Old North State and Tar Heel State
In 1629 King Charles I of England "erected into a province" all the land from Albemarle Sound on the north to the St. John's River on the south, which he directed should be called Carolina. The word Carolina is from the word Carolus, the Latin form of Charles.
When Carolina was divided in 1710, the southern part was called South Carolina and the northern or older settlement, North Carolina. From this came the nickname the "Old North State." Historians have recorded that the principal products during the early history of North Carolina were "tar, pitch, and turpentine." It was during one of the fiercest battles during the War Between the States, and the story proclaims that the column supporting the North Carolina troops was driven from the field. After the battle the North Carolinians, who had successfully fought it alone, were greeted from the retreating regiment with the question: "Any more tar down in the Old North State, boys?" Quick as a flash came the answer: "No, not a bit, old Jeff's bought it all up." "Is that so; what is he going to do with it?" was asked. "He's going to put on you-un's heels to make you stick better in the next fight." Creecy relates that General Lee, upon hearing of the incident, said: "God bless the Tar Heel boys," and from these series of events the name stuck.
The song known as "The Old North State" was adopted as the official song of the State of North Carolina by the General Assembly of 1927. (Public Laws, 1927, c. 26; G.S. 149-1). THE OLD NORTH STATE (William Gaston; Collected and Arranged by Mrs. E. E. Randolph)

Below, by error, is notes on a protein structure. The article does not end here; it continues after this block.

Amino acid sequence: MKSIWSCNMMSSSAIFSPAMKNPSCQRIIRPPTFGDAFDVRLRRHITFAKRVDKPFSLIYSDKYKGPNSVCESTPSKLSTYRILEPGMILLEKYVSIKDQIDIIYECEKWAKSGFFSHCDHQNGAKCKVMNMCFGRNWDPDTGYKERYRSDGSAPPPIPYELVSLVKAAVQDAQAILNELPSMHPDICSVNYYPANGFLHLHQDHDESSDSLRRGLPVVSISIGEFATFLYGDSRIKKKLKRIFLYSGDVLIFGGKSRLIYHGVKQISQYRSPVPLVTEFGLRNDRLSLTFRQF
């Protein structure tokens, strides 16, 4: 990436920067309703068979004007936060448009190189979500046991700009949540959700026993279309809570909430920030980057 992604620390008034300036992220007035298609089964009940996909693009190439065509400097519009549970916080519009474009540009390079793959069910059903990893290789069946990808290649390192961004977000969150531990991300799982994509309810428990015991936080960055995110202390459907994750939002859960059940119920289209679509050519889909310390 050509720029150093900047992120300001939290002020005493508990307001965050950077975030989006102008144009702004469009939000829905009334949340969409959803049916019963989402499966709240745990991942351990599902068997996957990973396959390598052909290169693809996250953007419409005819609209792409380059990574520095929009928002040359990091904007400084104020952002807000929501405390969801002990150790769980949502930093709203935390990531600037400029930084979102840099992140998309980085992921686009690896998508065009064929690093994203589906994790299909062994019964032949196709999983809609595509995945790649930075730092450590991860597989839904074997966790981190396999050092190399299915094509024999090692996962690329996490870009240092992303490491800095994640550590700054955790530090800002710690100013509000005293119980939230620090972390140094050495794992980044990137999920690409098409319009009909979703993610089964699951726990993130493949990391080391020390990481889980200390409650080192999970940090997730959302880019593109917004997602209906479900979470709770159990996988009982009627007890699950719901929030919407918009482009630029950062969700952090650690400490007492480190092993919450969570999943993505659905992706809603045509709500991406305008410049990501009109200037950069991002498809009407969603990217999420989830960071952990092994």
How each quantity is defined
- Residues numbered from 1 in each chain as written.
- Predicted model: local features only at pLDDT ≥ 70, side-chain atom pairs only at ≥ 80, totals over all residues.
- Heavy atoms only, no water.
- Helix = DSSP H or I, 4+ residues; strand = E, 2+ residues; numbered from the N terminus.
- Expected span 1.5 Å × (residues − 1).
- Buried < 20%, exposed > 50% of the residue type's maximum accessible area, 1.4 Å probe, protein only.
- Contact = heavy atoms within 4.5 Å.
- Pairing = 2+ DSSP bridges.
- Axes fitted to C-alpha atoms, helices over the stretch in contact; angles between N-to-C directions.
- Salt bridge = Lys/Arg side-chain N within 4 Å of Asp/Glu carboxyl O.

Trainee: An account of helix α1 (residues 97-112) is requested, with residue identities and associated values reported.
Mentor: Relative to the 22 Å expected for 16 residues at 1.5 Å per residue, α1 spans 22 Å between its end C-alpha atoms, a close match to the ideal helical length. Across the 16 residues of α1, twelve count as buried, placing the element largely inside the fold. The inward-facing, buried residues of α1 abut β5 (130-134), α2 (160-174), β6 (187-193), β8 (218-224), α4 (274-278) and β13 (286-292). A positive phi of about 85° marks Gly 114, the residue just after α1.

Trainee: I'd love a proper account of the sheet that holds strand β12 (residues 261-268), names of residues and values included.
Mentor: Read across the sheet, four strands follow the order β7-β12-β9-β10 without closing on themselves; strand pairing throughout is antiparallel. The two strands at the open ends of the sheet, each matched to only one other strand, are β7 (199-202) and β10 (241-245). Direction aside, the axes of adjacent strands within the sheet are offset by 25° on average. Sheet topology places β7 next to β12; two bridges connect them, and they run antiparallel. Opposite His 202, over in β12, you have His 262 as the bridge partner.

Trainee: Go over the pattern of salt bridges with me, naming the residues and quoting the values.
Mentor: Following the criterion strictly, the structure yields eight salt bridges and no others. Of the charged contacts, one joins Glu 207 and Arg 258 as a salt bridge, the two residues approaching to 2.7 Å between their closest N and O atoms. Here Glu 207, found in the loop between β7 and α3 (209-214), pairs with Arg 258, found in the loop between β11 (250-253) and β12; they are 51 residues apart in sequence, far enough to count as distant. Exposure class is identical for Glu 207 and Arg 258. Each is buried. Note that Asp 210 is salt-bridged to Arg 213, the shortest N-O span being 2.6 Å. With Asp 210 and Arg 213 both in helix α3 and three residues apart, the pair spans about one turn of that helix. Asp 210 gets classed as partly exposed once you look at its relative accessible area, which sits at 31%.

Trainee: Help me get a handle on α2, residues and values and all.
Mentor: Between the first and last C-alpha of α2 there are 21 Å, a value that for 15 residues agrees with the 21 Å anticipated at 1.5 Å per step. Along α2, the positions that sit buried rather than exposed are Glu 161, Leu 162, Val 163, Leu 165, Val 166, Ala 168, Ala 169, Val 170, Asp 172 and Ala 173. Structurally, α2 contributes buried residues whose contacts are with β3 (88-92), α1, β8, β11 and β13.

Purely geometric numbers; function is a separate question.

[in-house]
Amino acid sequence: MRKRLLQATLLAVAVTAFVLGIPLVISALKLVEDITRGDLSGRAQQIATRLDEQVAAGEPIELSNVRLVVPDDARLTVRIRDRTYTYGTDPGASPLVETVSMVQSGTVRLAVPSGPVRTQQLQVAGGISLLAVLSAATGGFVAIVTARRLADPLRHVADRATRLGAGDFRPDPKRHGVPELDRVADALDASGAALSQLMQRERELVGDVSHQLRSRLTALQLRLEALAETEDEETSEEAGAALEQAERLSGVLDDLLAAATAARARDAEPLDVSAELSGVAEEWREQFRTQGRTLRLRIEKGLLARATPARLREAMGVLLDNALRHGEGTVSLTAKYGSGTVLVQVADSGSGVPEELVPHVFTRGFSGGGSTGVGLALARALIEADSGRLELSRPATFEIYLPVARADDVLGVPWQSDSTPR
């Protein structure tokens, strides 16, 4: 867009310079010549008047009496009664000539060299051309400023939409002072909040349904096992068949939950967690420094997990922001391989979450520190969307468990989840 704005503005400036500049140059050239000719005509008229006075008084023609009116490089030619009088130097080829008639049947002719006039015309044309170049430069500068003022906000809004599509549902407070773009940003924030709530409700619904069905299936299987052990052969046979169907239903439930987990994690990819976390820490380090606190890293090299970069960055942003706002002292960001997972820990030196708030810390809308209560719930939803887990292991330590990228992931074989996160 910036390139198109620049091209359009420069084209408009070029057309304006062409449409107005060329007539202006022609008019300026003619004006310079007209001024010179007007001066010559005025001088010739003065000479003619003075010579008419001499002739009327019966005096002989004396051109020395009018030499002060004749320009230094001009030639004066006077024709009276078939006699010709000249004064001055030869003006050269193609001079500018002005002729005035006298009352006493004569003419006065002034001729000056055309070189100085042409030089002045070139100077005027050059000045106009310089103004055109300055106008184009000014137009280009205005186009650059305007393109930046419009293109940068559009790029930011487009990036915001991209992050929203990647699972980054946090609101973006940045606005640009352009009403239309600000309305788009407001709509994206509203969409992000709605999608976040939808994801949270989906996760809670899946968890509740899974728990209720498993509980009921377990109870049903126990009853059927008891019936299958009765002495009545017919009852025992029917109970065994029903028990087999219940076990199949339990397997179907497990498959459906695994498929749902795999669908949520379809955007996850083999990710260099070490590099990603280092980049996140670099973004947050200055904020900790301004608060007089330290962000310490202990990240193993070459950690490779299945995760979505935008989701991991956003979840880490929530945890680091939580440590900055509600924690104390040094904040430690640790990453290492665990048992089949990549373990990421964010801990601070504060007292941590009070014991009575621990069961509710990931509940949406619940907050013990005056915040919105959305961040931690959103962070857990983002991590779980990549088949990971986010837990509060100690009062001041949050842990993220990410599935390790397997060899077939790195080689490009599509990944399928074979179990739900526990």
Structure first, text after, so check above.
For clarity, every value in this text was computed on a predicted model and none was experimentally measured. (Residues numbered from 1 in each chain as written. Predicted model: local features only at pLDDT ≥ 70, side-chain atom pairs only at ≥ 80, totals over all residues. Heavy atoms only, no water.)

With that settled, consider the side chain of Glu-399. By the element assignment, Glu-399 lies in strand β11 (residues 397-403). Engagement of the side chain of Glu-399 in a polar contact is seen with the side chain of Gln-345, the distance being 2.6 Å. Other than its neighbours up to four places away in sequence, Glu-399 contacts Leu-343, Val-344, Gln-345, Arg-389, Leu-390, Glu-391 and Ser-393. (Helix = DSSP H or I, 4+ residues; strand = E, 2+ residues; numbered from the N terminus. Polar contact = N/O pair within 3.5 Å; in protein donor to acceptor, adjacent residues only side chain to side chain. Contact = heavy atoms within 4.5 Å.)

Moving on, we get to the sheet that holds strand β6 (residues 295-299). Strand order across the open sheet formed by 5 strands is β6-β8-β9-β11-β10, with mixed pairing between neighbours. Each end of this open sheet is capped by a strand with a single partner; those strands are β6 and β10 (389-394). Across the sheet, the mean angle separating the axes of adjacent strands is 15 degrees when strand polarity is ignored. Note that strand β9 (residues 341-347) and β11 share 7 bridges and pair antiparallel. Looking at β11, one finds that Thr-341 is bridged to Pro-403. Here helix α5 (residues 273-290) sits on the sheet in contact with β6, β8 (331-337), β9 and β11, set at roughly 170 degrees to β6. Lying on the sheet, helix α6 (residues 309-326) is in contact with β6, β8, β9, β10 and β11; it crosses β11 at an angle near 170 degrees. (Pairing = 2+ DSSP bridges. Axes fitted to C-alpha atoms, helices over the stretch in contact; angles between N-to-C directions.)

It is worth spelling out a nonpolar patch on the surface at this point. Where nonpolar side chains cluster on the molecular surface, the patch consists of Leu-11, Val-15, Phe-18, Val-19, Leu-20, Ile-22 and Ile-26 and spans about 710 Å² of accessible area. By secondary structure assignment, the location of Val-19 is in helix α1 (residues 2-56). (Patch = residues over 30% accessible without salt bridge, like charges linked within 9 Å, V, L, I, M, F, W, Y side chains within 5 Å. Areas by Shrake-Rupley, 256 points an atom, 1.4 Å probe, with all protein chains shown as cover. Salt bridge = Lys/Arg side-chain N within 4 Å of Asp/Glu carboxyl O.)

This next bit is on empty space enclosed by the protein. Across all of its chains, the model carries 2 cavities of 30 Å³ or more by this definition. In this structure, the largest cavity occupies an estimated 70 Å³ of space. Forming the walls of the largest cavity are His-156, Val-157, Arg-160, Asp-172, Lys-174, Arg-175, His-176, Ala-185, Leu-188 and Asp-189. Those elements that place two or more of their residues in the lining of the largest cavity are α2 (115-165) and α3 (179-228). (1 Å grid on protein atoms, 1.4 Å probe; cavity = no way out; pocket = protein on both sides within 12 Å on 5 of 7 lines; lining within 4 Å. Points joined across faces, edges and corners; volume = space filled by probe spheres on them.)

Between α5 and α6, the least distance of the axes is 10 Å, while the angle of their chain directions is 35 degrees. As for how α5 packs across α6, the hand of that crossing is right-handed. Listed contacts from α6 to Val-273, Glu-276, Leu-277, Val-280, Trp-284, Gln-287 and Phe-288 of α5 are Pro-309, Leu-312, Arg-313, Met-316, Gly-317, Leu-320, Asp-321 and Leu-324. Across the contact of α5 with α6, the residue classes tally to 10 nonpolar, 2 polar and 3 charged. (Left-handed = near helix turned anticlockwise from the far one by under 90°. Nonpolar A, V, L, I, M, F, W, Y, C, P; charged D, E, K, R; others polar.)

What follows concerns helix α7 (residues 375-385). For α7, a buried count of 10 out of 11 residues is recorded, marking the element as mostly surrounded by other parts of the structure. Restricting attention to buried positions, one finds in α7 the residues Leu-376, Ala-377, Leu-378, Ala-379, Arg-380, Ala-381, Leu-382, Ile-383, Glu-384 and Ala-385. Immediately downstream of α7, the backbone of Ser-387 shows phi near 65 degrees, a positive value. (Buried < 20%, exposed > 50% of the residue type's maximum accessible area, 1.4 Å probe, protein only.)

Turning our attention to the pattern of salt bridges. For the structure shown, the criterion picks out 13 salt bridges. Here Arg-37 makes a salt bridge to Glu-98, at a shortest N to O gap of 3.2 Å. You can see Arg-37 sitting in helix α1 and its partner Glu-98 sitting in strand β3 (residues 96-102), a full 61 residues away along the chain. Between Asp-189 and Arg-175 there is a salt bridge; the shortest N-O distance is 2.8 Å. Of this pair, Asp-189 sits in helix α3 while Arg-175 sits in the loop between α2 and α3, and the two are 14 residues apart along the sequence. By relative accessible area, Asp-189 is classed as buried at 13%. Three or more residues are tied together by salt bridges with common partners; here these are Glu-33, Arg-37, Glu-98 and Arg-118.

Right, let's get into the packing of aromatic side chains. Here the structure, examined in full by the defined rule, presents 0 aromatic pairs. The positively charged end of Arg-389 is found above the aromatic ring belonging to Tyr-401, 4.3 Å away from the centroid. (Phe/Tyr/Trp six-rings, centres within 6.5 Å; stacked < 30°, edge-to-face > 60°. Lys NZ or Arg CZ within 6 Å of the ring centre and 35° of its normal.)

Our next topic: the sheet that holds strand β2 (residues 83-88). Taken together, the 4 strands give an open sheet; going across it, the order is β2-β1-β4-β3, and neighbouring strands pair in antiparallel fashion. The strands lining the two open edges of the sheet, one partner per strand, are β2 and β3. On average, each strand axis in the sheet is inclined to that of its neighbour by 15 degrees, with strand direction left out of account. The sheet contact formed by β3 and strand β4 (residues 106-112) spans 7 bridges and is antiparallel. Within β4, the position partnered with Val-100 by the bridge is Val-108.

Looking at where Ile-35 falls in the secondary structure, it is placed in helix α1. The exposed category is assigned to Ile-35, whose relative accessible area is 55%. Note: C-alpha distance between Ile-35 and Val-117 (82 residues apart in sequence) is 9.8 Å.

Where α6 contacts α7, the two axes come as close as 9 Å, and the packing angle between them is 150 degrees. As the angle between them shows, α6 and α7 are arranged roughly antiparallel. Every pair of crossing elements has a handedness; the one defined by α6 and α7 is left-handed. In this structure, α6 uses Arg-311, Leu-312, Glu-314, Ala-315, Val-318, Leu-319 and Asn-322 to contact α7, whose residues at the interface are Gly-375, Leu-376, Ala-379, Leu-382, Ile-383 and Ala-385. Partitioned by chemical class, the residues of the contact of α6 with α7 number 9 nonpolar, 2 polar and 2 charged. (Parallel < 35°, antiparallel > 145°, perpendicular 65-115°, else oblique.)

Carolina! Carolina! heaven's blessings attend her, While we live we will cherish, protect and defend her, Tho' the scorner may sneer at and witlings defame her, Still our hearts swell with gladness whenever we name her. Hurrah! Hurrah! the Old North State forever, Hurrah! Hurrah! the good Old North State. Tho' she envies not others, their merited glory, Say whose name stands the foremost, in liberty's story, Tho' too true to herself e'er to crouch to oppression, Who can yield to just rule a more loyal submission. Hurrah! Hurrah! the Old North State forever, Hurrah! Hurrah! the good Old North State.
Then let all those who love us, love the land that we live in, As happy a region as on this side of heaven, Where plenty and peace, love and joy smile before us, Raise aloud, raise together the heart thrilling chorus. Hurrah! Hurrah! the Old North State forever, Hurrah! Hurrah! the good Old North State.
Sources: Grandfather Tales of North Carolina by R. B. Creecy, Histories of North Carolina Regiments, Vol. III, by Walter Clark, and State Library of North Carolina. Transcribed by Matthew D. Parker.
© 2005-2011 Diane Siniard